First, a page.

What does HIV look like in 2030? How do we make sure people living with HIV age healthily and well? What needs to be done so that everyone benefits equally from NSW’s leading HIV response? These are some of the issues explored in a new discussion paper developed by ACON, NSW’s leading HIV and sexuality and gender diverse health organisation.
Imagining HIV in 2030 speculates about possible futures over the next decade, examining how current trends and future developments will impact the HIV landscape in NSW. In doing so, it delves into what needs to be done to ensure community, sector and government responses to HIV prevention, treatment and support in NSW remain on course.
“In the early 1980s, our communities were confronted with the devastation of the HIV crisis,” said ACON CEO Nicolas Parkhill.
“But in the face of death and fear, gay men mobilised and took action, as did other affected groups such as sex workers and people who injected drugs. United in this journey were researchers, scientists, clinicians and policymakers, all of whom bravely took up the fight against HIV and AIDS.
“Against that background, it is remarkable that in 2018, NSW recorded the lowest rate of new HIV notifications since surveillance began. HIV diagnoses continues to decline overall, HIV testing rates are at an all-time high and more people living with HIV are on treatment than ever before,” Parkhill said.
“That we should make such tremendous progress is a testament to the strong partnership that exists between government, community and the HIV sector in NSW. This partnership – steeped in cooperation, collaboration and unwavering commitment – forms the foundation of the NSW’s HIV response, and will steer the future of HIV and its impact in our communities.
“With this paper, we want to explore what the future might look like for HIV in NSW. What changes need to be made? What are the issues that still need to be addressed? What do we need to do to create public health history?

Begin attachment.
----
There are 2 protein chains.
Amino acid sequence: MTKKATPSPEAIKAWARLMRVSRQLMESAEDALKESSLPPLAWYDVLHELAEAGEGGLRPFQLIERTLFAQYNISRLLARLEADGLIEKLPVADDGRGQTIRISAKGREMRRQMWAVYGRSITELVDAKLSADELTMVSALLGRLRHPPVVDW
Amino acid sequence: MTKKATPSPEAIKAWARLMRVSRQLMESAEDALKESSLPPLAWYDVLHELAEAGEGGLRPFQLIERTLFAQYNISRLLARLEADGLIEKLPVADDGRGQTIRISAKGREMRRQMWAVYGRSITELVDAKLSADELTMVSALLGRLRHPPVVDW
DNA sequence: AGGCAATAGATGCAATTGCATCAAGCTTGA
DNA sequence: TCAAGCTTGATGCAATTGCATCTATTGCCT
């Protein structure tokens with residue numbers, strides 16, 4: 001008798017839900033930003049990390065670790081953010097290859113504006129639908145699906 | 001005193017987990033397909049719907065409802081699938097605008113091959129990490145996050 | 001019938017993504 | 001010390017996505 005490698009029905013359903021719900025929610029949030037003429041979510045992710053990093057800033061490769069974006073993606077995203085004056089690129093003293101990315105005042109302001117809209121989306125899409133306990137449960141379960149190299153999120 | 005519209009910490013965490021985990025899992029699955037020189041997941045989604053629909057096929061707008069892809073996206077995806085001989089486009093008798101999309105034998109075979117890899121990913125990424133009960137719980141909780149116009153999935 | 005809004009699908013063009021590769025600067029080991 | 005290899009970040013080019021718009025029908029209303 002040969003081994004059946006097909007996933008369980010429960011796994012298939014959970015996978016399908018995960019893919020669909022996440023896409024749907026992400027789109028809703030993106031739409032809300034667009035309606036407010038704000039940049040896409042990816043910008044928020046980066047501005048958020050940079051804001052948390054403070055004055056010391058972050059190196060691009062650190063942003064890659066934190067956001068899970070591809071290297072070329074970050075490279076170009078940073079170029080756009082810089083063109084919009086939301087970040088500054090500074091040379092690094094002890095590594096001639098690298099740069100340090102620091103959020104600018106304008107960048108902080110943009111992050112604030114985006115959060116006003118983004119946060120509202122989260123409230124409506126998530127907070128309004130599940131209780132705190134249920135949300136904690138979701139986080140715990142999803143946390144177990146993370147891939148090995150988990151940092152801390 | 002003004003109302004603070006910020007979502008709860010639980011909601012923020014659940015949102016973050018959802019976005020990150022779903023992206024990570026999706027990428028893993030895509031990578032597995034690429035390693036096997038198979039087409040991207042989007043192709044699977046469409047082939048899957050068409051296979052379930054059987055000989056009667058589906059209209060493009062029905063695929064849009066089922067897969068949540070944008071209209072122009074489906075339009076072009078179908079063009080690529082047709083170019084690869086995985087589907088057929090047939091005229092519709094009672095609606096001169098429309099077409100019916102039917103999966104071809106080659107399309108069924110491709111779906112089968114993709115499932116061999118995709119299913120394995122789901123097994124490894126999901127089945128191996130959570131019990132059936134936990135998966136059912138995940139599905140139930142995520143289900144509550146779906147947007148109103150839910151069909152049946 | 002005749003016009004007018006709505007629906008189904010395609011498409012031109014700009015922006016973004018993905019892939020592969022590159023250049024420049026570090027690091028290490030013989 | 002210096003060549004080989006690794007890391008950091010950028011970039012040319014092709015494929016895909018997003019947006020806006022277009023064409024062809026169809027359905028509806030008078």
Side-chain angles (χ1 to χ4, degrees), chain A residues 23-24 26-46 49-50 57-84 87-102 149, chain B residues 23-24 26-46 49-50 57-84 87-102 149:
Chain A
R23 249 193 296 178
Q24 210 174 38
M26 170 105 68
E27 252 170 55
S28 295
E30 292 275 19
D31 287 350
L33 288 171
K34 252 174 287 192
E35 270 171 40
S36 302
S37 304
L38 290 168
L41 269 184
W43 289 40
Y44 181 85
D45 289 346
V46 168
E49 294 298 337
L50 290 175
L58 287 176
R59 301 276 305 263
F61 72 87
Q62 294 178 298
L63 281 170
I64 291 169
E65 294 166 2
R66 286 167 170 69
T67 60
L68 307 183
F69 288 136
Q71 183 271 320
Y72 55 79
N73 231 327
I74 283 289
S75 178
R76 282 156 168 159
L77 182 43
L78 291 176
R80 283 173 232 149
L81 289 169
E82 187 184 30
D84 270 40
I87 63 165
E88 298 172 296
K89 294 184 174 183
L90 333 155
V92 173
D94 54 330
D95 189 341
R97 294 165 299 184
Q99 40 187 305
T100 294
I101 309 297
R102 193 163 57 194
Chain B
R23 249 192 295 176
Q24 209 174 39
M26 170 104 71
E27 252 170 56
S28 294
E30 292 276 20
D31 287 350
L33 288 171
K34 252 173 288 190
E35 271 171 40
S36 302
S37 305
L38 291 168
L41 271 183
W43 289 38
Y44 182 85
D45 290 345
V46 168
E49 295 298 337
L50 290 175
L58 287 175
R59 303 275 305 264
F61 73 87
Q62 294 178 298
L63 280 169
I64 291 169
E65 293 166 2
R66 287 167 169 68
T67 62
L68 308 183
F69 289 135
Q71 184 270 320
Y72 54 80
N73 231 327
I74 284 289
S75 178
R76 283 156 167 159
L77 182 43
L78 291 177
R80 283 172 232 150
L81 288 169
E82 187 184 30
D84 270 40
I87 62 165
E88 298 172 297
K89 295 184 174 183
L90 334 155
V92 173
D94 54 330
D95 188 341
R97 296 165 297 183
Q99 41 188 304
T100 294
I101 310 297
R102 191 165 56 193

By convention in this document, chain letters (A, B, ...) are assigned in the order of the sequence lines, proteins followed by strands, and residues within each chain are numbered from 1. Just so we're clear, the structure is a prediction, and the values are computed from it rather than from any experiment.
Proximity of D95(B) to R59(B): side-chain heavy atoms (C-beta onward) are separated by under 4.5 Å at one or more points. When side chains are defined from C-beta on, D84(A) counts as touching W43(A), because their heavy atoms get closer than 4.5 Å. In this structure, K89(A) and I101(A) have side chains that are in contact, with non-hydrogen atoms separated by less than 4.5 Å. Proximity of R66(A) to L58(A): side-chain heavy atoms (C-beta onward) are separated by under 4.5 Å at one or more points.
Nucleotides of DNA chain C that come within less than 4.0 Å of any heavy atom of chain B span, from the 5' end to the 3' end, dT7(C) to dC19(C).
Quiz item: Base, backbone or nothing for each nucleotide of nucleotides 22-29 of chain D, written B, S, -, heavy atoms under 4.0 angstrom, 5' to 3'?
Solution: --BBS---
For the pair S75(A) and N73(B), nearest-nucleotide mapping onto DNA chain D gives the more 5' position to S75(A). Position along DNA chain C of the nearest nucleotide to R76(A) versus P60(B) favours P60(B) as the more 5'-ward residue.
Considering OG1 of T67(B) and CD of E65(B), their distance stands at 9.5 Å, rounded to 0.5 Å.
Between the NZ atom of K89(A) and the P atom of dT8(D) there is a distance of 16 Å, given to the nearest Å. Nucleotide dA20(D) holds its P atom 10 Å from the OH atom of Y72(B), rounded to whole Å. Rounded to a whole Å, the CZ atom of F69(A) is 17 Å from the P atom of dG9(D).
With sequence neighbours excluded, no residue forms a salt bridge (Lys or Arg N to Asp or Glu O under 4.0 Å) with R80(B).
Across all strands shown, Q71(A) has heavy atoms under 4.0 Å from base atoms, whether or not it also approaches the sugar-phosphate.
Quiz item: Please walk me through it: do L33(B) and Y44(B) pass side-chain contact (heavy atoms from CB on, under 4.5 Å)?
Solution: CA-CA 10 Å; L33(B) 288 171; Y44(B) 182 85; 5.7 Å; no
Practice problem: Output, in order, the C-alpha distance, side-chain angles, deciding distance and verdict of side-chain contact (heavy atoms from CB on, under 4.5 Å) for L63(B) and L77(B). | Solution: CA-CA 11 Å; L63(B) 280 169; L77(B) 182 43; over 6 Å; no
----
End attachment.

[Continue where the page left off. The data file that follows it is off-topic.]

“By releasing this paper, we hope to kick-start this conversation,” Parkhill added. “Imagining HIV in 2030 is rare opportunity to reflect on how far we have come. Importantly, it is also a call to action to keep up the momentum in our progress and ensure all in our communities can benefit from the ongoing developments and advances in HIV prevention, treatment and care.”
Imagining HIV in 2030 was launched at a community forum at the Eternity Playhouse in Darlinghurst on Tuesday 20 August. Over 200 people heard from a panel discussion hosted by writer Benjamin Law and a range of researchers and health experts including NSW Chief Health Officer Dr Kerry Chant, Kirby Institute Director Professor Anthony Kelleher, Kirby Institute researcher Dr Ben Bavinton, Dr Horas Wong from the Centre for Social Research in Health and Positive Life NSW’s Lance Feeney.
“We thank the NSW government for its commitment in leading the way for a contemporary Australian response to HIV, and the ongoing advocacy and dedicated work of our sector partners,” Parkhill added. “We particularly acknowledge people in our communities – gay men and men who have sex with men – who have consistently demonstrated they’re committed to ending HIV transmissions in NSW. Our collective success is really their success.”
For more information please contact: David Alexander, ACON Media and Communications
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